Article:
Tuesday, Dec 11, 2018
 
search SGN
Tuesday, Dec 11, 2018
click to go to click to visit advertiser's website

 


 


 
Cost of the
War in Iraq
(JavaScript Error)
click to go to advertisers website
 
COMMENTARY: Making Capitol Hill a safer place
COMMENTARY: Making Capitol Hill a safer place
by Reverend Rajkhet Dirzhud-Rashid - SGN A&E Writer

Maybe it's being a minister, or just having lived on or around the Hill for nearly the entire 20 years I've been in Seattle, but I think of the populace up here as my flock. Like, if I did have an actual building for my ministry, the GBLTQ community would certainly be a large part of my congregation. So, when I watched the news (something I'm increasingly shying away from doing, because the glut of bad news here lately just makes my life miserable) and saw that the two newest victims of a hate crime/bashing on Capitol Hill last weekend were two men I've seen around, it just made my blood boil. Hey, I might be a minister, but I'm still human, too, and capable of very human feelings. And when someone attacks my community, "my boyzz," as I think of them, I get really riled up, and it hurts me, too, as it hurts all of us, I believe.

Ironic that this happened the week the anti-hate posters went up everywhere, urging the GBLTQ community to be more aware, not confront bullies and walk with buddies to be safer. These two young men did nothing to confront the man who broke one of their noses, and were walking together, not alone. Yet they were still attacked and terrorized by what seems to be an increasing number of violent, hate-filled people who have starting coming to the Hill with malice in mind - particularly malice toward Gay men. So much so that I've started cautioning the guys I work with at The Cuff at their monthly Full Moon Parties (where I serve as tarot reader) to "be careful going home." Part of me wants to keep them in the safe confines of The Cuff, where they can express their sexuality openly, and without fear of retaliation from nutjobs who hate them simply for being who they are. But that isn't realistic, and it won't do any good in the long run either.

I guess I remember too well the time a Gay male friend and I were confronted by skinheads on Broadway, and because we were on Broadway, and felt this was "our Hill," we stood our ground and stared the haters down. True, my knees were shaking, and so were my friend's, but we held hands and refused to give way. The skinheads moved on, but not before glaring with "we'll get you later" looks. It was sobering, but back then, in the still "Gay Mecca" days of the '80s, Broadway did feel like our neighborhood. Unfortunately, that isn't the case any more. No, now when I do go to Broadway (which I seldom do anymore), I'm looking over my shoulder, aware of how few GLBTQ people there are on Broadway these days, or at least identifiable people. And the Gay Pride flags are gone, as are many of the more Gay-friendly hangouts, and the sense of a thriving GLBTQ community.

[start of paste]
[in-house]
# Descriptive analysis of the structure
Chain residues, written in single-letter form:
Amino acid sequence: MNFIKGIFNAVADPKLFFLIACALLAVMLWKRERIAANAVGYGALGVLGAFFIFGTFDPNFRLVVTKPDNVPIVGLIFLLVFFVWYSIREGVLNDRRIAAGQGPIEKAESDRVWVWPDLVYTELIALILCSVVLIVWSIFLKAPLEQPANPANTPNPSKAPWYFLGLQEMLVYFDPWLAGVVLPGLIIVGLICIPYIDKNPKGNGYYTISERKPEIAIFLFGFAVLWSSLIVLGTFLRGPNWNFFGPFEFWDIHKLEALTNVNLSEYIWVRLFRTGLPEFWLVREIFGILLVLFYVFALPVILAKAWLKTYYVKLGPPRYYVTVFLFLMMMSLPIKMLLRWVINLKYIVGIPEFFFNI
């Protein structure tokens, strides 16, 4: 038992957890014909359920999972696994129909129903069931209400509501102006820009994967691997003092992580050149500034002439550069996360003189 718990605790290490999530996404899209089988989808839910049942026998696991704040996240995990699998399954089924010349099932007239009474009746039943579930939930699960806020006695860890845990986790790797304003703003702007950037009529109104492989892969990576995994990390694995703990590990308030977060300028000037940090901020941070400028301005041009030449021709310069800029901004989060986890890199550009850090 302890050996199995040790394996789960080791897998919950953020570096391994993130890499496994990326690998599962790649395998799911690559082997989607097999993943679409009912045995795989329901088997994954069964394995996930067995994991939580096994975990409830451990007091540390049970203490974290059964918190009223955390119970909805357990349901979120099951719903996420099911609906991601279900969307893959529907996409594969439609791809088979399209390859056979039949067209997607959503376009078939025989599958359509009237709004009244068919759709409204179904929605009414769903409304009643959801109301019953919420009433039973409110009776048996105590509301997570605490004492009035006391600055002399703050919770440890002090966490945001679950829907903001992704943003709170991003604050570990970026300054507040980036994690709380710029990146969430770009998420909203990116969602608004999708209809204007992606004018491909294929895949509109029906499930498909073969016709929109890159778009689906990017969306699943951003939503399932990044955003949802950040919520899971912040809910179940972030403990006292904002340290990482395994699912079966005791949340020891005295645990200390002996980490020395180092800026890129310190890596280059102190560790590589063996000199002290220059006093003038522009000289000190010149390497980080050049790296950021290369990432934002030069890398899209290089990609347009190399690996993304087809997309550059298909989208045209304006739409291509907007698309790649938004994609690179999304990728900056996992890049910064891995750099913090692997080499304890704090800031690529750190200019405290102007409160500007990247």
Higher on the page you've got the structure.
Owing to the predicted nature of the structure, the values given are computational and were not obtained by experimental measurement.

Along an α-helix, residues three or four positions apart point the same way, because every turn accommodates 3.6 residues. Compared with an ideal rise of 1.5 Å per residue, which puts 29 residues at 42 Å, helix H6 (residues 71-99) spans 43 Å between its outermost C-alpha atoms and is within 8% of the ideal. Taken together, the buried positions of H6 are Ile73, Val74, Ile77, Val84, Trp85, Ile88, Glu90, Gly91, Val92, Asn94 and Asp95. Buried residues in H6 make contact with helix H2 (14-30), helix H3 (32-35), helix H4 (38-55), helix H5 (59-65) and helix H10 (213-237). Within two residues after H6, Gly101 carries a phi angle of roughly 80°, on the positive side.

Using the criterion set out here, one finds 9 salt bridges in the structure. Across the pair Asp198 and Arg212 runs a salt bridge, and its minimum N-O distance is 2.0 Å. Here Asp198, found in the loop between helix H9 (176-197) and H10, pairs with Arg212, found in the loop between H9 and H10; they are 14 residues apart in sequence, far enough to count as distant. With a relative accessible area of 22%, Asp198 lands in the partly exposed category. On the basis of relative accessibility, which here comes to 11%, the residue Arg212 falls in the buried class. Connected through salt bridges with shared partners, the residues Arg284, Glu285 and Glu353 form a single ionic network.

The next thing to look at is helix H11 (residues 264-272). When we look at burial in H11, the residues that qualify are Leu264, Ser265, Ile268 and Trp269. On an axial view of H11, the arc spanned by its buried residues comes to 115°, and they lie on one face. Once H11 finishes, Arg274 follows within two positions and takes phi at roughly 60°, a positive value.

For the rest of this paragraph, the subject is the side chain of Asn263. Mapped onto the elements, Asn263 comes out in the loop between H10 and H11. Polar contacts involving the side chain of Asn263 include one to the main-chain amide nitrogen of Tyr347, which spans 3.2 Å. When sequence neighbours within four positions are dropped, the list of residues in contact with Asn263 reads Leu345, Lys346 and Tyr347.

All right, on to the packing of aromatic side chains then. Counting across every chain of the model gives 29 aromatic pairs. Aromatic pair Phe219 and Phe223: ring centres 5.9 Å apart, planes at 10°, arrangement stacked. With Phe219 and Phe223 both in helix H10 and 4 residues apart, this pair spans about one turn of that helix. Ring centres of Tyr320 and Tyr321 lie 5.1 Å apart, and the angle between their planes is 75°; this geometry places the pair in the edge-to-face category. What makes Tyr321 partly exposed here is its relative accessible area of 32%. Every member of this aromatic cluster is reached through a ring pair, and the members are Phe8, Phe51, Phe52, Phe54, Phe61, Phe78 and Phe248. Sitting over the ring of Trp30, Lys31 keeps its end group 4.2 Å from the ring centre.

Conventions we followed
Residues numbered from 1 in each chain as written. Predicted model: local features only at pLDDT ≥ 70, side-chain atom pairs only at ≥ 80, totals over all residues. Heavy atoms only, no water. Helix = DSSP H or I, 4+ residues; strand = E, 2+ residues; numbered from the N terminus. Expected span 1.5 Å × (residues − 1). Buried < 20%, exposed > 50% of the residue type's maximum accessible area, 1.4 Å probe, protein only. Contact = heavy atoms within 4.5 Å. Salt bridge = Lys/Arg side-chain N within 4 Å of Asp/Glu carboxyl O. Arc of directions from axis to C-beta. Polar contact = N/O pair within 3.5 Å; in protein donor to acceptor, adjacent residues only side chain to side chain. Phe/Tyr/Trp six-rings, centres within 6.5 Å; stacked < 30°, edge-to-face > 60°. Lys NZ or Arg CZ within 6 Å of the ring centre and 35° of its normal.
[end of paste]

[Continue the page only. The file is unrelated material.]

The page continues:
I'm not saying change is bad, because change is part of growth. What I am saying is that I've seen a pattern of disconnectedness and a stripping-away of the things that made the Hill a place where, as a Bi person, I felt safe. Maybe we need the Guardian Angels back, or something like them, or we just need to figure out how to recreate the sense of community pride we had when I moved here in '87. No, we can't go back, but we can stand tall and face down this threat together, and we can refuse to stop holding hands, kissing on the sidewalks, or anything else that tells the world we are who we are and are damned proud of it too. Put the flags back on Broadway, put the "rainbow displays" back in business windows, and let's all work together to keep this area from suffering any more needless violence from folks who think we're all just a bunch of weirdos who should go back in our closets. And damn it, it's so time for a "Take Back The Night/Take Back The Hill" march! One that shows what a diverse and huge group we are. A group to be reckoned with.

A group that's strong, vocal and who won't let these cowards bashing our own keep doing this to our community. Carry Mace, use it if you're threatened, and present a strong presence to these jerks and I promise you, some of this will stop. True, the violence we're seeing on the Hill is being seen all over Seattle, but this is our Hill, our beloved, safe Hill - or it used to be. It can be again, if we all - every one of us - hold our heads up, look these people in the eye and say: no more of this crap! After all, the police can only be so many places and I'm more into each person taking responsibility for themselves and those around them. We are our brother's and sister's keepers, so if you see someone being threatened, don't just bloody stand there, get some other folks and throw something, yell, make them feel like we're not going to stand by and let them hurt anyone else. This is how the civil rights movement made such advancements, and trust me, being Black, from the South and Bisexual, I know from whence I speak. Do not let these homegrown terrorists take away our freedom to move about in our own community. We're here, we're Queer and we're a force that isn't going away, so get used to it, you jerks coming to bash on the Hill.

click to visit advertiser's website

click to visit advertiser's website
click to visit advertiser's website
click to visit advertiser's website
click to visit advertiser's website
click to visit advertiser's website
click to visit advertiser's website
click to visit advertiser's website
click to visit advertiser's website
click to visit advertiser's website
Seattle Gay Blog post your own information on
the Seattle Gay Blog



click to visit advertiser's website

copyright Seattle Gay News - DigitalTeamWorks 2007